Brake pads are one of the most important parts of your car, and if you don’t check them regularly it can be hard to see early warning signs. It’s a good idea to check the thickness of the pads every six months.
The biggest sign that your pads are wearing down is a grinding noise when you hit the brakes. They’re designed to make this noise to warn you in advance so you can change the pads, but it’s nice to know before they start grinding.
When brakes are worn, you may start to see less brake dust on the wheels. This is kind of hard to spot, especially if you don’t know how much dust is usually on your wheels, so try keeping an eye on the amount of dust that’s normal and then see how much it increases or decreases.
Finally, you can look at the pad itself, which can usually be seen through the wheel. The pad should be at least a quarter of an inch thick—if it seems thinner than that, it’s time to have the pads replaced.
Remember, routine brake maintenance and part replacements could save your life! If you notice any signs that your brake pads are worn, get them changed.
The Ford donated Ole Yeller Mustang given to a charity auction for EAA AirVenture on August 2 sold for $295,000, the proceeds of which went to the Experimental Aircraft Association’s youth programs. The Ole Yeller Mustang was aviation-inspired and specially designed by Ford engineers.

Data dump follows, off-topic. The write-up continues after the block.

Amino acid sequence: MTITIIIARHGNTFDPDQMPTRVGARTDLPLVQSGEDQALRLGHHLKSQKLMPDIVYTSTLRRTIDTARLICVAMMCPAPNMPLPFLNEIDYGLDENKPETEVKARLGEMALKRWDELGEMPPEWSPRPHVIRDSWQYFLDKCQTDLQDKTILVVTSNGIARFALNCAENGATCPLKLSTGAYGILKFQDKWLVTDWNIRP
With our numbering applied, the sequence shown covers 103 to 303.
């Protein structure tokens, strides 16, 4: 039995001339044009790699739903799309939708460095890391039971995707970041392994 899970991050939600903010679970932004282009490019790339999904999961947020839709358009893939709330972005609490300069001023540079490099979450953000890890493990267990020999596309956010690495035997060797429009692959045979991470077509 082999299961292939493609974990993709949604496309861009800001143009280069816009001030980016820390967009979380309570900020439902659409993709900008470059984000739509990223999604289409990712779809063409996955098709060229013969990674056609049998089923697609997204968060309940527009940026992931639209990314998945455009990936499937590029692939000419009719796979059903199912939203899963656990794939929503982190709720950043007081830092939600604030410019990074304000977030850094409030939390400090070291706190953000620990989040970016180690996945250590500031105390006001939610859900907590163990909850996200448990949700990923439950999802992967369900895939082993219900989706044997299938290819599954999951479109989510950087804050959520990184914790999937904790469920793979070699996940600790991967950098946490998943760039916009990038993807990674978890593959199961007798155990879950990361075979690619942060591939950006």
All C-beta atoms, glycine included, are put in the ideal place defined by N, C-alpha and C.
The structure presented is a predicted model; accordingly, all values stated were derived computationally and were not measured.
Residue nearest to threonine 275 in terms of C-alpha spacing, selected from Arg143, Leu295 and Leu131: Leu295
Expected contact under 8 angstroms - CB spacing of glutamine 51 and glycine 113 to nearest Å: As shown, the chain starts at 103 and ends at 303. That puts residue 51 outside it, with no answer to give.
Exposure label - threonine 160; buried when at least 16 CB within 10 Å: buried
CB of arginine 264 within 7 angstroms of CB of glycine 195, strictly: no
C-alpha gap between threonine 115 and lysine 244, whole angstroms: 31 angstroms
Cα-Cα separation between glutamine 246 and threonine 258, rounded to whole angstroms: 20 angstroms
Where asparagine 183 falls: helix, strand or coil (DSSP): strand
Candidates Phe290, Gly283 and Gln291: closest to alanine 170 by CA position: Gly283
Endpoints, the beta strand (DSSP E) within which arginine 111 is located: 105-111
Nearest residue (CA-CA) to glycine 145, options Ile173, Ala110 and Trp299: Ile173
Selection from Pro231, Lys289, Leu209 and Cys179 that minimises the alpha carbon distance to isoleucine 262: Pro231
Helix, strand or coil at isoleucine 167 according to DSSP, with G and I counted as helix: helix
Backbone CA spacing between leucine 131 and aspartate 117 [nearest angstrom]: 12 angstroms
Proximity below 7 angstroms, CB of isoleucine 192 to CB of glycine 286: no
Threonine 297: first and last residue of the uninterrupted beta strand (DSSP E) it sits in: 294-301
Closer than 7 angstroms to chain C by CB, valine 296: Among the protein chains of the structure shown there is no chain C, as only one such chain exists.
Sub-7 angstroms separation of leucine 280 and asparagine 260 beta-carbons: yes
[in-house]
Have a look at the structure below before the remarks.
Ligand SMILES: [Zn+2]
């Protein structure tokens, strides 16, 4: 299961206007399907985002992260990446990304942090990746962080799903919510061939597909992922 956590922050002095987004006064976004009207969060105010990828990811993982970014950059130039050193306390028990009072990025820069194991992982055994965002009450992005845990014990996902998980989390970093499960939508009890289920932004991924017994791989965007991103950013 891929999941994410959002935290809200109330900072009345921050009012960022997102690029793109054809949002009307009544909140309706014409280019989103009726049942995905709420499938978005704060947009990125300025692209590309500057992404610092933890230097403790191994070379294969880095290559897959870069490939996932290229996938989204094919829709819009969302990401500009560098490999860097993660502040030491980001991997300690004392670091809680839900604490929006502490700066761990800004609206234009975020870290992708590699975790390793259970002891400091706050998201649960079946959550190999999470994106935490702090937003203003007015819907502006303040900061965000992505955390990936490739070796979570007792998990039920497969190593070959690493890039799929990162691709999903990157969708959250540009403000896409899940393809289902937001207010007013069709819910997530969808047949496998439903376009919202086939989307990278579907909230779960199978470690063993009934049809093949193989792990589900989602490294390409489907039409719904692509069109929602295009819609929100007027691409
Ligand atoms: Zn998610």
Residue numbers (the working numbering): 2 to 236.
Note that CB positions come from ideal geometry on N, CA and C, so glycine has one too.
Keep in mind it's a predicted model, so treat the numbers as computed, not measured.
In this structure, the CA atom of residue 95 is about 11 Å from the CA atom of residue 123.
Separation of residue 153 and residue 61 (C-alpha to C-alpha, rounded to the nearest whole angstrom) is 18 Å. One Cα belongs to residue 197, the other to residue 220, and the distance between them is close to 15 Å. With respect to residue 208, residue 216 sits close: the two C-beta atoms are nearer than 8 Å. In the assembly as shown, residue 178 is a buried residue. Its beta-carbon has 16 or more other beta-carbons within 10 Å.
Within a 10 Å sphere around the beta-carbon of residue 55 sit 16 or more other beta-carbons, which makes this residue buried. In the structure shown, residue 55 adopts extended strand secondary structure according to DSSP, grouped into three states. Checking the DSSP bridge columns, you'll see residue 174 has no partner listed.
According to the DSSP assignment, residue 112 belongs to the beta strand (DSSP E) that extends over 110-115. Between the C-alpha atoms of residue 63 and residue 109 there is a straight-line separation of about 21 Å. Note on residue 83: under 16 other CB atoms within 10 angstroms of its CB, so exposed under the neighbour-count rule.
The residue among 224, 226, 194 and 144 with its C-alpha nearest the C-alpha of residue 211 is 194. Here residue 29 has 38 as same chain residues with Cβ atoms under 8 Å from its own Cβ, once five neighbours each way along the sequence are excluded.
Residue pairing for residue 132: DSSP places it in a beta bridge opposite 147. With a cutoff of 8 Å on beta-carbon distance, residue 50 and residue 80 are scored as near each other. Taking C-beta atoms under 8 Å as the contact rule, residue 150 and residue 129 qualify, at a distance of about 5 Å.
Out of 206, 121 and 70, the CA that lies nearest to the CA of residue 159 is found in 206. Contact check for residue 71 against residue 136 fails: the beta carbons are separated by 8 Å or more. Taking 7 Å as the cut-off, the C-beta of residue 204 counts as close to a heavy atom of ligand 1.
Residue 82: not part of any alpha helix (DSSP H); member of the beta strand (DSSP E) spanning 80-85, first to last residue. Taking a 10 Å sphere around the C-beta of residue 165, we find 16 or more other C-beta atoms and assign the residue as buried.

The winner of the auction was Hank Menke, a CEO from Indiana. Part of the nearly $300,000 will go to the Young Eagles, a program which has been giving free introductory flying lessons to children since 1992. This is the ninth unique vehicle Ford has had specially designed to auction in support of the EAA and has raised over $3 million over the years.
The Ole Yeller Mustang has a custom yellow exterior, custom accents and badging, mirrors that project images of aircraft, and airplane-inspired gauges in the cabin. It is a Shelby GT350 that generates 526 hp and 429 lb-ft of torque, and the 6-speed manual transmission it’s mated to makes it “the most track ready road-legal Mustang ever produced.”
The Ole Yeller is meant to honor the P-51D fighter plane and the pilot Bob Hoover, who was considered by many to be one of the best pilots who ever lived. He flew a plane called Ole Yeller, which inspired the paint job and nickname of the special Mustang.